We make a lot of important decisions during our lives and wisely, we spend a lot of time discussing the ramifications of those decisions with loved ones, partners, and professionals. Making the leap from full time employment to working as an independent contractor is no less an important decision and can profoundly impact your career.
Going the independent contractor route is not “just another way to get paid”, it is a change in lifestyle. In fact, becoming independent has tax, income and career ramifications which can’t be taken lightly. Here are a few things to consider:
It can be unpredictable. Contracting can mean giving up a directed, logical career path and moving into a meandering set of assignments. Think of giving up a career ladder and replacing it with a career lattice and be prepared for detours and occasional stalls. Contractors often tell me that they never would have guessed that they would end up in the area of expertise that they find themselves now… and that is what has made things so much fun!
You’re suddenly a business owner. Are you ready to take on the responsibilities of CEO, CFO and chief bottle washer for your own company? Running your own small business means accounting, financial planning, business strategy, legal and tax issues are now your responsibility. Talk to the professionals and make sure you do it right. Trying to do it on the cheap will only cost you down the road. Get referrals from other experienced contractors and ask lots of questions.
Personal branding matters even more. Going independent means using the practices and work ethic you exhibit on assignment as a self-marketing tool. Elite contractors finish their contracts and are willing to lend the client a hand and add value beyond what they may have been contracted to do. They don’t nickel and dime the client for every minute spent at the client site but understand the give and take of the contracting lifestyle and accept that “paying it forward” will mean excellent client referrals or repeated engagements with a client who loves your work and attitude.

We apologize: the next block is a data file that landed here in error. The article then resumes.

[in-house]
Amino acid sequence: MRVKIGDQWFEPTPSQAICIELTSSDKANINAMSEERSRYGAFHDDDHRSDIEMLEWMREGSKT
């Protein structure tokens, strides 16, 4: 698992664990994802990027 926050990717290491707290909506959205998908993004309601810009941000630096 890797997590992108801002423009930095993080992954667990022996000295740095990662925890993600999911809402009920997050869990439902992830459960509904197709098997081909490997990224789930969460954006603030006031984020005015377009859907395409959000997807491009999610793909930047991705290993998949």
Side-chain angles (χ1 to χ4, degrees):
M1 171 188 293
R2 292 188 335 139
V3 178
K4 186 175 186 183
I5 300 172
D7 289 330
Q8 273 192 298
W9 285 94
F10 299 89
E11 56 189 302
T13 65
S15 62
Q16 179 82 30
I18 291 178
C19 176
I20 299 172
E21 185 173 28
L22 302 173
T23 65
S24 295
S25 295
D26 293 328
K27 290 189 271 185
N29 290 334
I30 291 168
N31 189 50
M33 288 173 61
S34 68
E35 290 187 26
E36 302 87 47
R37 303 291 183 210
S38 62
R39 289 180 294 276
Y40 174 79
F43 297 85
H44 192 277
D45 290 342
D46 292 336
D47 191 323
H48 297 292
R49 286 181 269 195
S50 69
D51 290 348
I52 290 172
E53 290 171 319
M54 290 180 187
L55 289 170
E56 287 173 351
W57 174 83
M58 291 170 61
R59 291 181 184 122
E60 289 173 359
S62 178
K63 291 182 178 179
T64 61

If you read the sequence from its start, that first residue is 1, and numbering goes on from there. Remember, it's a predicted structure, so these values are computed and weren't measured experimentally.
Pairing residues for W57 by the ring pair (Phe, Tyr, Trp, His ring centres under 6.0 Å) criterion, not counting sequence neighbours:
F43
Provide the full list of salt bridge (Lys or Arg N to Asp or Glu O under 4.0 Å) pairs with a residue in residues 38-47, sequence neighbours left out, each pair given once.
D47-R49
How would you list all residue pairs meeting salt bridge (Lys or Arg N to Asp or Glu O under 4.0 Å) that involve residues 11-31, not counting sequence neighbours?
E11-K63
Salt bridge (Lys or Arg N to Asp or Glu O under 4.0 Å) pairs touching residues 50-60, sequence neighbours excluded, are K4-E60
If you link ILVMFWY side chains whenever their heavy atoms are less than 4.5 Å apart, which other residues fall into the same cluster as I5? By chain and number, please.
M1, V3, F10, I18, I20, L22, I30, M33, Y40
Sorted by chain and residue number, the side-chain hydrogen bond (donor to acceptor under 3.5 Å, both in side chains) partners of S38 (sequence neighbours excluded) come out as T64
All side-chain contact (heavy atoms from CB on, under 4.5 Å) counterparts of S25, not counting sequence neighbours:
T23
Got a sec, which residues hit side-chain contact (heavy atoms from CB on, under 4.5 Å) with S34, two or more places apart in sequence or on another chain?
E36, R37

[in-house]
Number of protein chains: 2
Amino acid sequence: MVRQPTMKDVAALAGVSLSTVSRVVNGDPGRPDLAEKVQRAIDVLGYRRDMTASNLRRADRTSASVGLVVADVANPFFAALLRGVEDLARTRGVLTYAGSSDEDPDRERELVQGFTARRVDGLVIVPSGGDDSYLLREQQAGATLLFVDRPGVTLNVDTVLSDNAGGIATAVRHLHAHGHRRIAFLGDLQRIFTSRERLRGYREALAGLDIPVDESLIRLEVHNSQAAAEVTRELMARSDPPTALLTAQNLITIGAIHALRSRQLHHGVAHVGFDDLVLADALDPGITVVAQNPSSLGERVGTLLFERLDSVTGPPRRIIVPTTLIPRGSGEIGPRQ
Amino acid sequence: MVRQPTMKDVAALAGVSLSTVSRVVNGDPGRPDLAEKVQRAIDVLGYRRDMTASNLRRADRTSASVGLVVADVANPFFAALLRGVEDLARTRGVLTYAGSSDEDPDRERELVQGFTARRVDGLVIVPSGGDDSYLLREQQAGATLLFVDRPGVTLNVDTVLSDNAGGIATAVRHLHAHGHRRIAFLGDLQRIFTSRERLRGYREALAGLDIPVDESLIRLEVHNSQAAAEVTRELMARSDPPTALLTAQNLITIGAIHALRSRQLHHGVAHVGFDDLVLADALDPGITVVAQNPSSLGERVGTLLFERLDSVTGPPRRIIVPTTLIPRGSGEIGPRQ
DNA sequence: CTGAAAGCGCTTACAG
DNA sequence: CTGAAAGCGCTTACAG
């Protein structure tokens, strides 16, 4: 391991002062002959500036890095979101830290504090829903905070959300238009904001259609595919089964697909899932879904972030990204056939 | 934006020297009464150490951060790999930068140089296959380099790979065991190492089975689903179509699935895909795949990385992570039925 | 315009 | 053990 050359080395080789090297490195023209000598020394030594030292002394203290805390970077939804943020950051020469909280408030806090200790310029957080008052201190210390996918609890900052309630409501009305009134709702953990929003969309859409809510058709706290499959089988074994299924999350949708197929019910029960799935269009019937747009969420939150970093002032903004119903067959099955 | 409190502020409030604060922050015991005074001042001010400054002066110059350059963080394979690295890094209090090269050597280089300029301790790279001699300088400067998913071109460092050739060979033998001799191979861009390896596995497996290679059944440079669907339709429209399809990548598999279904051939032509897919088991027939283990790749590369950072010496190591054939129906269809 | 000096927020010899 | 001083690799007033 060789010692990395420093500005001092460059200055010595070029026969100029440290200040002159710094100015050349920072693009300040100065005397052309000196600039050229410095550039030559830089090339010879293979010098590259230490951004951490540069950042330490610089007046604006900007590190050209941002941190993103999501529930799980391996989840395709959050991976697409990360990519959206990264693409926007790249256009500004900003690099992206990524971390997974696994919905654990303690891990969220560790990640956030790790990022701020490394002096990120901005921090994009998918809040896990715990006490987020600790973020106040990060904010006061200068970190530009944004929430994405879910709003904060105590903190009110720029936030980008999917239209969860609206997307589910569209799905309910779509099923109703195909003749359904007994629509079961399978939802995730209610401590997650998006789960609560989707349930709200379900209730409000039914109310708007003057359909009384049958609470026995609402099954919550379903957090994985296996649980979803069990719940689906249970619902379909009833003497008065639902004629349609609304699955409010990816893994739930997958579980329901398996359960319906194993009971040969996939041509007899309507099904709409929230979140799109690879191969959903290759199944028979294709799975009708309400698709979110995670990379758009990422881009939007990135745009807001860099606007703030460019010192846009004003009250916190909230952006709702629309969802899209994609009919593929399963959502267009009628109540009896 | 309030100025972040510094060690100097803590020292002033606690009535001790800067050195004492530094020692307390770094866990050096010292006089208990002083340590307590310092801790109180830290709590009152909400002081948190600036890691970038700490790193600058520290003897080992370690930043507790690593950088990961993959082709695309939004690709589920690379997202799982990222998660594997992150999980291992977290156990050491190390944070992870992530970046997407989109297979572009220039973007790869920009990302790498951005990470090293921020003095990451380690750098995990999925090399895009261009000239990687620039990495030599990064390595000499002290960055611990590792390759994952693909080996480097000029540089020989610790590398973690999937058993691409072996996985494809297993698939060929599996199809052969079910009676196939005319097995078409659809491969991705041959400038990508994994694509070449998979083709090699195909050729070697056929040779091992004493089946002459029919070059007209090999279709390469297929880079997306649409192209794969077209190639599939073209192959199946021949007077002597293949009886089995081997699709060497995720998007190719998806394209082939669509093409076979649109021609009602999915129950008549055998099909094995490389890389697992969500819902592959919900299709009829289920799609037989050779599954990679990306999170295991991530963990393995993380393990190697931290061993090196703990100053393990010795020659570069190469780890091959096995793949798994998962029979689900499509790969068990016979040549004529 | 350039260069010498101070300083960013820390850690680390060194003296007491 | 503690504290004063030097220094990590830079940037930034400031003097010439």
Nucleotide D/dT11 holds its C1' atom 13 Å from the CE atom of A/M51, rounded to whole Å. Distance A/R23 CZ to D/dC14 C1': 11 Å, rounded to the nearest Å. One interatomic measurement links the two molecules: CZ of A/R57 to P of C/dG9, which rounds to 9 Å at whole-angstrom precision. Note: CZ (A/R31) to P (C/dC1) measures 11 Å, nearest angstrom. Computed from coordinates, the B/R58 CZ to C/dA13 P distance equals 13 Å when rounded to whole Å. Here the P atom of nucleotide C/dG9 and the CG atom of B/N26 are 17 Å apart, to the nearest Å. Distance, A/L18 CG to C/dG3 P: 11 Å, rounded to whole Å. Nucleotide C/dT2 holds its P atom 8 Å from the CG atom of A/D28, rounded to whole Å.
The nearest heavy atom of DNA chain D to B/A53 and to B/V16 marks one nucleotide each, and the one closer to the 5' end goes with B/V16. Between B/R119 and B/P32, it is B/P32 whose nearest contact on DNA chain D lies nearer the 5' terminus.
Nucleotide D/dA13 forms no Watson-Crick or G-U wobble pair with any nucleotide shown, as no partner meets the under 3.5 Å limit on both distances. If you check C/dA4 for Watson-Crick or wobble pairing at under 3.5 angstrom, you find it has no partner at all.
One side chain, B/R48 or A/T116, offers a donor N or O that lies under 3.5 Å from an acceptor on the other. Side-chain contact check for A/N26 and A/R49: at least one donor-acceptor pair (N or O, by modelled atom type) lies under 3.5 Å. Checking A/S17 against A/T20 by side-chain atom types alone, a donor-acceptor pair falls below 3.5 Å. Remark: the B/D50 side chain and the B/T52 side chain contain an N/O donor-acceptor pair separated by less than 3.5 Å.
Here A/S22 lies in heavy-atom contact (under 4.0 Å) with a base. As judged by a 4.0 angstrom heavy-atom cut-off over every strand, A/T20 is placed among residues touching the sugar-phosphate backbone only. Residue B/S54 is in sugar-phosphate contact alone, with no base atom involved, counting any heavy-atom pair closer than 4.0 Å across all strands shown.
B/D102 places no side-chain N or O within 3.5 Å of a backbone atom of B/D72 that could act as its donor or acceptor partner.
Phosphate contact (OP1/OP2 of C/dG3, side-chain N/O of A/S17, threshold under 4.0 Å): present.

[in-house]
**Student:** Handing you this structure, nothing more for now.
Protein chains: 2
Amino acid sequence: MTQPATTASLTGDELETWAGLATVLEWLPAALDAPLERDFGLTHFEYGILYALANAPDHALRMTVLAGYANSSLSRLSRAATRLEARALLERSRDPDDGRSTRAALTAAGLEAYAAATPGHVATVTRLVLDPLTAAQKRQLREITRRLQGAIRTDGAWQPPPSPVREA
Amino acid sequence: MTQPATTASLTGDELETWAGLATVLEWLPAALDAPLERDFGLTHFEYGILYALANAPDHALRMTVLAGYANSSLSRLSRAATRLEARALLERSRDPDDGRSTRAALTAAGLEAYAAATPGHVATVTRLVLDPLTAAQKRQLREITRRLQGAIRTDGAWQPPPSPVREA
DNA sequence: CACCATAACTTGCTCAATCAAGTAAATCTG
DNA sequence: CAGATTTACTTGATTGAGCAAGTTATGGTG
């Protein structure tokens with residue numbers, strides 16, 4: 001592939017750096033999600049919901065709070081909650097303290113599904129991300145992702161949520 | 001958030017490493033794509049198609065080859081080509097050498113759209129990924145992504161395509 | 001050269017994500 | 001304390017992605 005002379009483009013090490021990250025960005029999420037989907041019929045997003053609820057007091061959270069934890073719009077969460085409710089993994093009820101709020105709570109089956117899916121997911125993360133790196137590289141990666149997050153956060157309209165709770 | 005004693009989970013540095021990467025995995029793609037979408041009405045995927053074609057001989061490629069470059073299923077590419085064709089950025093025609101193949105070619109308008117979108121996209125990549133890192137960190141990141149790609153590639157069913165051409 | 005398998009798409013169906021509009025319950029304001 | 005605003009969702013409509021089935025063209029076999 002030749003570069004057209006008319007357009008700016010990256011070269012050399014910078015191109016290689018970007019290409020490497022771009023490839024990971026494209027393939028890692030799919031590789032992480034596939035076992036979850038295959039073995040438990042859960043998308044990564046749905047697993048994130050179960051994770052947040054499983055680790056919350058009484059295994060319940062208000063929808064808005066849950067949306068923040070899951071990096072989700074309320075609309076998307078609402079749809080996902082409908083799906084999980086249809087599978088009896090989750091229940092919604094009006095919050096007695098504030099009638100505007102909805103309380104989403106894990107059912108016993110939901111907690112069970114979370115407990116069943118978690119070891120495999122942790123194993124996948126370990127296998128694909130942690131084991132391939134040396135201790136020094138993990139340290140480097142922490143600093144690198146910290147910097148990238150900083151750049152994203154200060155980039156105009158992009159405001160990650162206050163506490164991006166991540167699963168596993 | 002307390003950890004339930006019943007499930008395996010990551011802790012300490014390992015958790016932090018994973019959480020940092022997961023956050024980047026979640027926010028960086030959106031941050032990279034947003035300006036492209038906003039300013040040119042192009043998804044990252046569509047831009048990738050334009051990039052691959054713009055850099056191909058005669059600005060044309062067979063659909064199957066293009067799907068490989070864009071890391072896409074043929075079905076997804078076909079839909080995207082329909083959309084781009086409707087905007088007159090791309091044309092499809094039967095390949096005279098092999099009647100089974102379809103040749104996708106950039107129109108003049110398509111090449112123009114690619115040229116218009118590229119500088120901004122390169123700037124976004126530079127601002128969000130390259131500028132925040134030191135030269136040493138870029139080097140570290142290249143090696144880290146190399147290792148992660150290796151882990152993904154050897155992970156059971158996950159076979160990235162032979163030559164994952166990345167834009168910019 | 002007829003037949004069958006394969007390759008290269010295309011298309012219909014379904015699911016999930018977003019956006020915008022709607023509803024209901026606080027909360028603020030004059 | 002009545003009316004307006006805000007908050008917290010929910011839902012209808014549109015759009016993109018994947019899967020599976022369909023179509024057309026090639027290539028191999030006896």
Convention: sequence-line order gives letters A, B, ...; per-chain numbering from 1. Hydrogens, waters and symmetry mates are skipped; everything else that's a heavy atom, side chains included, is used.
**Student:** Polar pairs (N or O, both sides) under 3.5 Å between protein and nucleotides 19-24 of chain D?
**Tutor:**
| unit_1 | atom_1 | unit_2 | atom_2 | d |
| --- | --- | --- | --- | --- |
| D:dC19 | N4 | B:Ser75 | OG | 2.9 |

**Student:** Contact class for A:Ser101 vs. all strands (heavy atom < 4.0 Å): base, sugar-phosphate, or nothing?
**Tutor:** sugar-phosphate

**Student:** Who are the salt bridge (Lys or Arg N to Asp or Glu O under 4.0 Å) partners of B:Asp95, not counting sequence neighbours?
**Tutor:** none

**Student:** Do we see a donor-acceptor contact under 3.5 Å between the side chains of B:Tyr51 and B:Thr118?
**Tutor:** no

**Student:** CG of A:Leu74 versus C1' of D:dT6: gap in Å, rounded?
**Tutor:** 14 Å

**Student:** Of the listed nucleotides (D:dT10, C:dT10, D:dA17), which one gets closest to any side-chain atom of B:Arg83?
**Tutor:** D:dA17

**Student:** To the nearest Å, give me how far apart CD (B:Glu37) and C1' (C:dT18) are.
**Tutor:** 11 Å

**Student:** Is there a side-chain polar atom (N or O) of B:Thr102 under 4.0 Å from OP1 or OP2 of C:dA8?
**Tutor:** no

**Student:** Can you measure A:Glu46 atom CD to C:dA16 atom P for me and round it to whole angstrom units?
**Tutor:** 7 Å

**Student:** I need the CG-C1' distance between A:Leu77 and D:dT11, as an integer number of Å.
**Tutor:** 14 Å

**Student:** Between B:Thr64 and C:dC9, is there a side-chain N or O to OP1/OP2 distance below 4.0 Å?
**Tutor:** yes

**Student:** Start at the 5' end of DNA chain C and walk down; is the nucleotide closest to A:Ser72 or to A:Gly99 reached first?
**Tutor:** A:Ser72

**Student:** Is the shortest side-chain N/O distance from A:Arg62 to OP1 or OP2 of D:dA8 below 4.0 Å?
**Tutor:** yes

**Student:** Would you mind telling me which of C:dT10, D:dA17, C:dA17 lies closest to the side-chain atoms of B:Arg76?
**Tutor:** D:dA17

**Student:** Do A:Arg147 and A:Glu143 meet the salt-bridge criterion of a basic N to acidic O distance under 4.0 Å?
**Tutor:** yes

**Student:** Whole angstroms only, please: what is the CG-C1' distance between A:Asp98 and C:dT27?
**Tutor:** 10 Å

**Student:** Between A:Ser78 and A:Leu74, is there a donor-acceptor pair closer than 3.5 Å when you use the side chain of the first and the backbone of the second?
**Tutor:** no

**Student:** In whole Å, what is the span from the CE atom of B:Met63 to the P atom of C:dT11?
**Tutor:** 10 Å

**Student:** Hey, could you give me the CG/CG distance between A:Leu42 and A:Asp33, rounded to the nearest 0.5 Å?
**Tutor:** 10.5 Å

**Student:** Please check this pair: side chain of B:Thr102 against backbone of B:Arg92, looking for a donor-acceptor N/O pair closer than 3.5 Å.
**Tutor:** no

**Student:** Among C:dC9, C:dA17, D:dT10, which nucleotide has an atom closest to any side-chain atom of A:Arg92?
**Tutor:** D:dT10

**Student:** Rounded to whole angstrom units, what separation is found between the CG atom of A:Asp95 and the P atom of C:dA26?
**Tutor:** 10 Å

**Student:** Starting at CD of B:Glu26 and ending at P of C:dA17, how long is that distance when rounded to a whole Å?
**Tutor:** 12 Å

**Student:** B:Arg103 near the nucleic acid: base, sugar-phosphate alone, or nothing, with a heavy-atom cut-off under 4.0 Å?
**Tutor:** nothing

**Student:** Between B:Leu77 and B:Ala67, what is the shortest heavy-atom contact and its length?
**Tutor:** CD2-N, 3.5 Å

You may feel alone (but you’re not). Working as an independent can sometimes feel like you are on an island. The client may not (and in fact, shouldn’t ) treat you like an employee and feedback will not always be forthcoming. So, work and communicate with your agency on a regular basis to ensure that everyone is on the same page. If you are struggling, have questions, or need advice, talk to your recruiter. Remember, they probably have had lots of experience working with the client and they can give you a fair bit of insight
Above all, run your business with principle and a sense of pride and professionalism. You know the businesses you love to work with and you know the ones that drive you crazy and make you wish you had never given them your hard earned dollars. Do the right thing, even when things at the client site aren’t optimal. How you conduct yourself in difficult, challenging circumstances goes a long way to defining the success of your business.
Are you ready for independent contracting? If you are an experienced contractor, what have been some of your major challenges?